The Past, Present, And Future Of Photography

Frenchman Louis Daguerre was a photography pioneer in the first half of the 19th Century.
Frenchman Louis Daguerre was a photography pioneer in the first half of the 19th Century.

Photography has been defined quite differently by various scholars. The most comprehensive definition is by the Merriam-Webster Dictionary, which defined it as the process of producing images by the action of radiant energy, especially light, on a sensitive surface. The production of images can be done either electronically or chemically. The word photography emanates from two Greek words, namely photos which means "light" and graph which means "representation". These words, when put together, can be translated to mean drawing with light. The modes of production in photography can be grouped into various categories, some of which are looked at in this article.

5. Photography as a Science and an Art -

Photography has over the years been referred to as a science just as often as an art. The earliest photographers even did not refer themselves as artists. They considered it a science probably due to the extensive use of machines as opposed to human hand as is the case with drawing and painting. There is an aspect of art in the process including the vision and inspiration of the artists. The photographer also has artistic goals and uses art-related concepts. The art and science of photography need to merge well to produce distinctive photographs.

4. History and Technological Development -

The development of photography came about as a result of combining several scientific discoveries and technical proficiency in the visual arts. A Chinese philosopher, Mo Di, developed the first principles of optics, camera obscura, and pinhole camera. The pinhole camera was further described by Aristotle and Euclid’s independently. The two were Greek mathematicians. The first camera was the pinhole camera developed in 965 AD by an Arab physicist named Ibn al-Haytham, who was also known as Alhazen. The camera has ever since been developed through various phases and stages. Other cameras to be discovered and invented included the camera obscura by Shen Kuo in the 11th Century AD, silver nitrate in the 16th Century, and silver chloride. The two chemicals, silver nitrate and silver chloride darken after being exposed to light. This act is called photo-chemical effect as Wilheim Homberg described it in 1694. George Eastman pioneered the use of films in photography in 1885. The black and white photography was widely used despite the introduction of colored pictures in 1865. Digital photography was invented by Sony in 1981 after unveiling the Sony Mavica. In 1991, Kodak unveiled the first fully digital camera, the DCS 100, which was a single lens reflex camera. Other technological advances in photography include synthesis photography, smartphones with inbuilt cameras, movie cameras, contrast, burning in and adding toners.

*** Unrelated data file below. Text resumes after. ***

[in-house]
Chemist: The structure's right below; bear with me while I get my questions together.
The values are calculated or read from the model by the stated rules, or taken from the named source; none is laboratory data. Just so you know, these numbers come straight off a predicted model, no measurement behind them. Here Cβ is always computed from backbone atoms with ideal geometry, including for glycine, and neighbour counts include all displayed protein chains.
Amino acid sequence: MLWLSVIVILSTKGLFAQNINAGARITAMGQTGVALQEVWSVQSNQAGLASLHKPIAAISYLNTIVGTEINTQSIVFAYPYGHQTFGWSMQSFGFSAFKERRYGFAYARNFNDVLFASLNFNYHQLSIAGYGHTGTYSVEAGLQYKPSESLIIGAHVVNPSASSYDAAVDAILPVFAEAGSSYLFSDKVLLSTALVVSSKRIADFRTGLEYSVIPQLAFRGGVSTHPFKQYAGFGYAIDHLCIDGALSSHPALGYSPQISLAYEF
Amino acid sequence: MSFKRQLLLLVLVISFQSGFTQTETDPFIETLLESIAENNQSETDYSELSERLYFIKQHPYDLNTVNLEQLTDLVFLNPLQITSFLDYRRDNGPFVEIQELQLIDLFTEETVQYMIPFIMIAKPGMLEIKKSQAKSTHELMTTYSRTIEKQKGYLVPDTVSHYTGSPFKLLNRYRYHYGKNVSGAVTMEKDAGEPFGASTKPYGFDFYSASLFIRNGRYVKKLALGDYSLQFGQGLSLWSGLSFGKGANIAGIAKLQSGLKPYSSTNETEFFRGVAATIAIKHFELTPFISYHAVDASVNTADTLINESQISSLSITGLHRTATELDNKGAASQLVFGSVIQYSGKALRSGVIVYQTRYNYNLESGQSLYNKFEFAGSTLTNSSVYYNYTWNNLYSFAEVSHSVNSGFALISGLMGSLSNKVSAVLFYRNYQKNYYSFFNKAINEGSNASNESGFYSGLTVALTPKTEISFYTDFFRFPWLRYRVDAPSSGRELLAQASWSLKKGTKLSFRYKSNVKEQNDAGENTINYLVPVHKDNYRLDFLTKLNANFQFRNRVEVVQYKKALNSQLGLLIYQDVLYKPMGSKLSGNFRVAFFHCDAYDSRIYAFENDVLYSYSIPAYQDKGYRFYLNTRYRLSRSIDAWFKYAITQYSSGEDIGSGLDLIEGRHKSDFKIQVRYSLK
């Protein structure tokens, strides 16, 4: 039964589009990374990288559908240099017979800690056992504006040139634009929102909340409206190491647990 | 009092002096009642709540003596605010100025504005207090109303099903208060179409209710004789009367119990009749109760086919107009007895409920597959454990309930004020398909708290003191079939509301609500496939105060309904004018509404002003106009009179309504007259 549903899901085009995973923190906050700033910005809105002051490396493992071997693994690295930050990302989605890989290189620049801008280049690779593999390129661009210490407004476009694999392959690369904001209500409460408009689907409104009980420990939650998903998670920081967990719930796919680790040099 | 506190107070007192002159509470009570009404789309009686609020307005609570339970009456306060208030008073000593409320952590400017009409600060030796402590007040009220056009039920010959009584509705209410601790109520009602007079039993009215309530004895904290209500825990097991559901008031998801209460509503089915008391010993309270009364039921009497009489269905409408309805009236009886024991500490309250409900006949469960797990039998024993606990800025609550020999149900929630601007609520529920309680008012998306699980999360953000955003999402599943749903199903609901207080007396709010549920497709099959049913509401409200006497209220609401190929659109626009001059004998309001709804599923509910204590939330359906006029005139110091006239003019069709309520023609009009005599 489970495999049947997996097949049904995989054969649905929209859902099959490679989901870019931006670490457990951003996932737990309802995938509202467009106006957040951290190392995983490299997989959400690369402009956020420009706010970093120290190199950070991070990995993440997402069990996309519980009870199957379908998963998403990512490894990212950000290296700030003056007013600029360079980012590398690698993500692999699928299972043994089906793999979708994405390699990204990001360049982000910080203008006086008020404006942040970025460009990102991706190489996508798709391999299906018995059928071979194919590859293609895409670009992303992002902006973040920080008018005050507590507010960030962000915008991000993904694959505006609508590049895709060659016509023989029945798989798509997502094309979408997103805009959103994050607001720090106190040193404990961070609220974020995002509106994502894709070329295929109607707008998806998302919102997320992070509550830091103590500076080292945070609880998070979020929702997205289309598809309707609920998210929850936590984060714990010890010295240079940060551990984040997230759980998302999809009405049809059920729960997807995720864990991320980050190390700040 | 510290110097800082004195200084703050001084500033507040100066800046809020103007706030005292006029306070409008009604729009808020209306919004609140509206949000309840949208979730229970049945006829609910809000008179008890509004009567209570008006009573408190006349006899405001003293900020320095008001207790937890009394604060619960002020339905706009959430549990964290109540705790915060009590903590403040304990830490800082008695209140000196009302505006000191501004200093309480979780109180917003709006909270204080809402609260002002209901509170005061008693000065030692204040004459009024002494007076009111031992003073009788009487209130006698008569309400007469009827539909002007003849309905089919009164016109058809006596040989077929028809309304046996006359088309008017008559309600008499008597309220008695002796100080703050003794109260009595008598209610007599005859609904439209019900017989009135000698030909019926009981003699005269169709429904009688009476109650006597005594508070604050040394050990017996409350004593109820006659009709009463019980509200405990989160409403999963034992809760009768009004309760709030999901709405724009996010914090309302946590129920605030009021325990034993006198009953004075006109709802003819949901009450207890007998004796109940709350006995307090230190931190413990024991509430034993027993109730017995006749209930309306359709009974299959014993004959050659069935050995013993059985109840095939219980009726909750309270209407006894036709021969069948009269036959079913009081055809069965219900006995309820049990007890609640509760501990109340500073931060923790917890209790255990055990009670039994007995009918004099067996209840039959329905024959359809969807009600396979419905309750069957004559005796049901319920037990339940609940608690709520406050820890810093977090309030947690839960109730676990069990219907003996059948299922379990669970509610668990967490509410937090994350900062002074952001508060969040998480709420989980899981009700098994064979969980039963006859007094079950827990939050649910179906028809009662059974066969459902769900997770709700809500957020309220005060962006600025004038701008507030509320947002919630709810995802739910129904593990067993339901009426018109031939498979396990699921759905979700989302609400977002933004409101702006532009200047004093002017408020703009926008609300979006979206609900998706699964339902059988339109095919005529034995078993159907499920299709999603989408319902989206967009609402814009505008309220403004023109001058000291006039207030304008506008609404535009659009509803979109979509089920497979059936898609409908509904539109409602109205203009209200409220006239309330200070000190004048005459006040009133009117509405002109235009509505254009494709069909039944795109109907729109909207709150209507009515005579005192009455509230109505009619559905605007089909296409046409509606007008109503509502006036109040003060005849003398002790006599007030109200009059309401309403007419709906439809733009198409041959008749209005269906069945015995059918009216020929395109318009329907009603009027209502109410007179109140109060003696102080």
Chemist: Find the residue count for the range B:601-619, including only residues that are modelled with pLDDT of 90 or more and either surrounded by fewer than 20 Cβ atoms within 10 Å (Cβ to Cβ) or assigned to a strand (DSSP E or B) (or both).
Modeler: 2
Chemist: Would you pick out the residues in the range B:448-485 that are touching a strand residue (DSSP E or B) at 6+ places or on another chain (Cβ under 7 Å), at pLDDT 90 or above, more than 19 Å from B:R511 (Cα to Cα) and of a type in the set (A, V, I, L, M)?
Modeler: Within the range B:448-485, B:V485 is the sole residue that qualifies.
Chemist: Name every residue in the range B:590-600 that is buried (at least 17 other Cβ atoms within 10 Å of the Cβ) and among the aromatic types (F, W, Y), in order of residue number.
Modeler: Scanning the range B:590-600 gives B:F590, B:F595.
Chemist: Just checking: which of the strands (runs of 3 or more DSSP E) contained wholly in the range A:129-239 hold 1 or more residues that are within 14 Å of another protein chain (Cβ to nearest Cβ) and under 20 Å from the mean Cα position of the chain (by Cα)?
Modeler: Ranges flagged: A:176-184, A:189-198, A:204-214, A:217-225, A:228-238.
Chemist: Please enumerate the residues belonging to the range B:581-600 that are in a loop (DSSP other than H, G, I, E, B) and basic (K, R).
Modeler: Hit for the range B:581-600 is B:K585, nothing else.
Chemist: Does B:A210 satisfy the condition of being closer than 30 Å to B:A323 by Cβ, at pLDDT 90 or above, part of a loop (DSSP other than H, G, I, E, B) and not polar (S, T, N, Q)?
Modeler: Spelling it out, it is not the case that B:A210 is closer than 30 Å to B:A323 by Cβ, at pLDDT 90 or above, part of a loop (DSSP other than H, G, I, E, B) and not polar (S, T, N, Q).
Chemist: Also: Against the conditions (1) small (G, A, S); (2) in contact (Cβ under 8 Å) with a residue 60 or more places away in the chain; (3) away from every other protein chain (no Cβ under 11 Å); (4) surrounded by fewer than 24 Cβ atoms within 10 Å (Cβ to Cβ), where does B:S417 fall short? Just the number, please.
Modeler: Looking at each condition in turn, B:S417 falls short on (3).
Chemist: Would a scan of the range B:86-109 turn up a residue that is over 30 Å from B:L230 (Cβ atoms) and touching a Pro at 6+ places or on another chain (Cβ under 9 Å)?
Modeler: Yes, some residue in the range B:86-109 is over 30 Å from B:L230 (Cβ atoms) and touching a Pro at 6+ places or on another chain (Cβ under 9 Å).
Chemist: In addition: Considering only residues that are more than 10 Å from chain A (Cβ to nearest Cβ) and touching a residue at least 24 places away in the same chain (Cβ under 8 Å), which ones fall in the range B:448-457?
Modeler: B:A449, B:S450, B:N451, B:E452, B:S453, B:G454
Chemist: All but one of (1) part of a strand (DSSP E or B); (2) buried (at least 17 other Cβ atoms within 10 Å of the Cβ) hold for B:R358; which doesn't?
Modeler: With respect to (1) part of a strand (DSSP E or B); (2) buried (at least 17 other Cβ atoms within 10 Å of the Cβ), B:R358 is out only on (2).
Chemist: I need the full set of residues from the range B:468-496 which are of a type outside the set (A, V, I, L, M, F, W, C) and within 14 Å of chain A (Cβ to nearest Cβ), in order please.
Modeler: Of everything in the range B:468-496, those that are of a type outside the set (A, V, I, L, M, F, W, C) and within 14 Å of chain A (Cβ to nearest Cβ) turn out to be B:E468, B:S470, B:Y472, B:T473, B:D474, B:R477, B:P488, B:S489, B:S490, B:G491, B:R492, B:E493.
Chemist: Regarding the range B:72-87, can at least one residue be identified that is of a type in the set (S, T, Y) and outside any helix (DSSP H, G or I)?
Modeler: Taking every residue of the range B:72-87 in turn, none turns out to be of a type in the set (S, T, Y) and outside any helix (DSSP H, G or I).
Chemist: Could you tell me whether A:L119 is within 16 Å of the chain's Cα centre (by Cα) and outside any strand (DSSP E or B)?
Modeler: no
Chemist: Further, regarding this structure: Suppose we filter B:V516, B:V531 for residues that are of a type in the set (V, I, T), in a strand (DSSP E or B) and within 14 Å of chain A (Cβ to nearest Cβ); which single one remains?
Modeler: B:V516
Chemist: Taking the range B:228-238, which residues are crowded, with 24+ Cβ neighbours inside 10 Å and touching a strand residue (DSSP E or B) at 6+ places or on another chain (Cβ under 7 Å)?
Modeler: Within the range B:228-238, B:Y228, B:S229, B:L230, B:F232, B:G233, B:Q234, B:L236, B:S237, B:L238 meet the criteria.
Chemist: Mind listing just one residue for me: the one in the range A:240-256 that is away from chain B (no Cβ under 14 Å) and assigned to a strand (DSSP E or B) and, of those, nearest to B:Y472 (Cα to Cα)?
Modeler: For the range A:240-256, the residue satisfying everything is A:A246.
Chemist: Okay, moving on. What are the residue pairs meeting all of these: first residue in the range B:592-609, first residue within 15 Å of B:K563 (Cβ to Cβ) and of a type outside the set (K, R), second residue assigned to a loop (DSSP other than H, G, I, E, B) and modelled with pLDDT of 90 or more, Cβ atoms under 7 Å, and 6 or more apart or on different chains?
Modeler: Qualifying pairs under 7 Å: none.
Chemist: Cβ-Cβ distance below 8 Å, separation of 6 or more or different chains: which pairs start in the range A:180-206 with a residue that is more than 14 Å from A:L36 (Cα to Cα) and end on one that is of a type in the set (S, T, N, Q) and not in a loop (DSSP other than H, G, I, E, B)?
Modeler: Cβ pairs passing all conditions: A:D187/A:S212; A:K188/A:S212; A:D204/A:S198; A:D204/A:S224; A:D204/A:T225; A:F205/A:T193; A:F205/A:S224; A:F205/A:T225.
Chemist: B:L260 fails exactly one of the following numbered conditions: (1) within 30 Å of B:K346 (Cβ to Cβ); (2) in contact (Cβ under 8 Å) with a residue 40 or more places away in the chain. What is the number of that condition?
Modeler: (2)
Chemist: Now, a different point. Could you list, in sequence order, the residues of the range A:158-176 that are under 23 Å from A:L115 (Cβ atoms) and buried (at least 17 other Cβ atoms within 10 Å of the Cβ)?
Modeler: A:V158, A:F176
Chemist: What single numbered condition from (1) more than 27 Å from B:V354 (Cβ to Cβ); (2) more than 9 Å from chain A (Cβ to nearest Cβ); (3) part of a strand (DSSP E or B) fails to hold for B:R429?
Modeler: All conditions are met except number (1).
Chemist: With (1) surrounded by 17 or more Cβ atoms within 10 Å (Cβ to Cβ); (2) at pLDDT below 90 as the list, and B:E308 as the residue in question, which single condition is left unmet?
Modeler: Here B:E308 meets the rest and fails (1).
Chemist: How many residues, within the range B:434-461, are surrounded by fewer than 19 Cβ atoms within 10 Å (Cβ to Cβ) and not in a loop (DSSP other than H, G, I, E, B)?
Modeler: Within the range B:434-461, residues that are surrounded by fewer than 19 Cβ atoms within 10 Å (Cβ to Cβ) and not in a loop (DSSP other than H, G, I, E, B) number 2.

3. Notable Photographers and their Works -

Ansel Adams was arguably the most renowned photographer of all time. He was an environmentalist, and some of his most famous works were the black and white photos he took in and around the Yosemite National Park. He was born in 1902 and died in 1984. Yousuf Karsh took photographs that told a story while Robert Capa specialized in wartime photographs. One of the best known contemporary photographers is Jay Maisel, who was born in the United States in 1931. Maisel has specialized in employing simple techniques devoid of complex lighting schemes.

2. Impact on Society -

Photography has positively and significantly affected the ways of life of the global community. It has enabled people to see others whom they would otherwise never have seen before. It has also given rise to the concept of mass media celebrity. Before photography, it was impossible for one to have thousands and even millions of followers and fans globally. Other effects of photography are as a hobby, adverts, and keeping record of important past events.

1. The Future of Photography -

Analysts have arrived at several predictions regarding the future prospects for the field of photography. At the top of the list is image recognition software, which will be used to sort out billions of photos that will have been taken in years to come. Other areas photography will look to exploit is the creation of three-dimensional images and investment into the area of virtual reality.


More in Society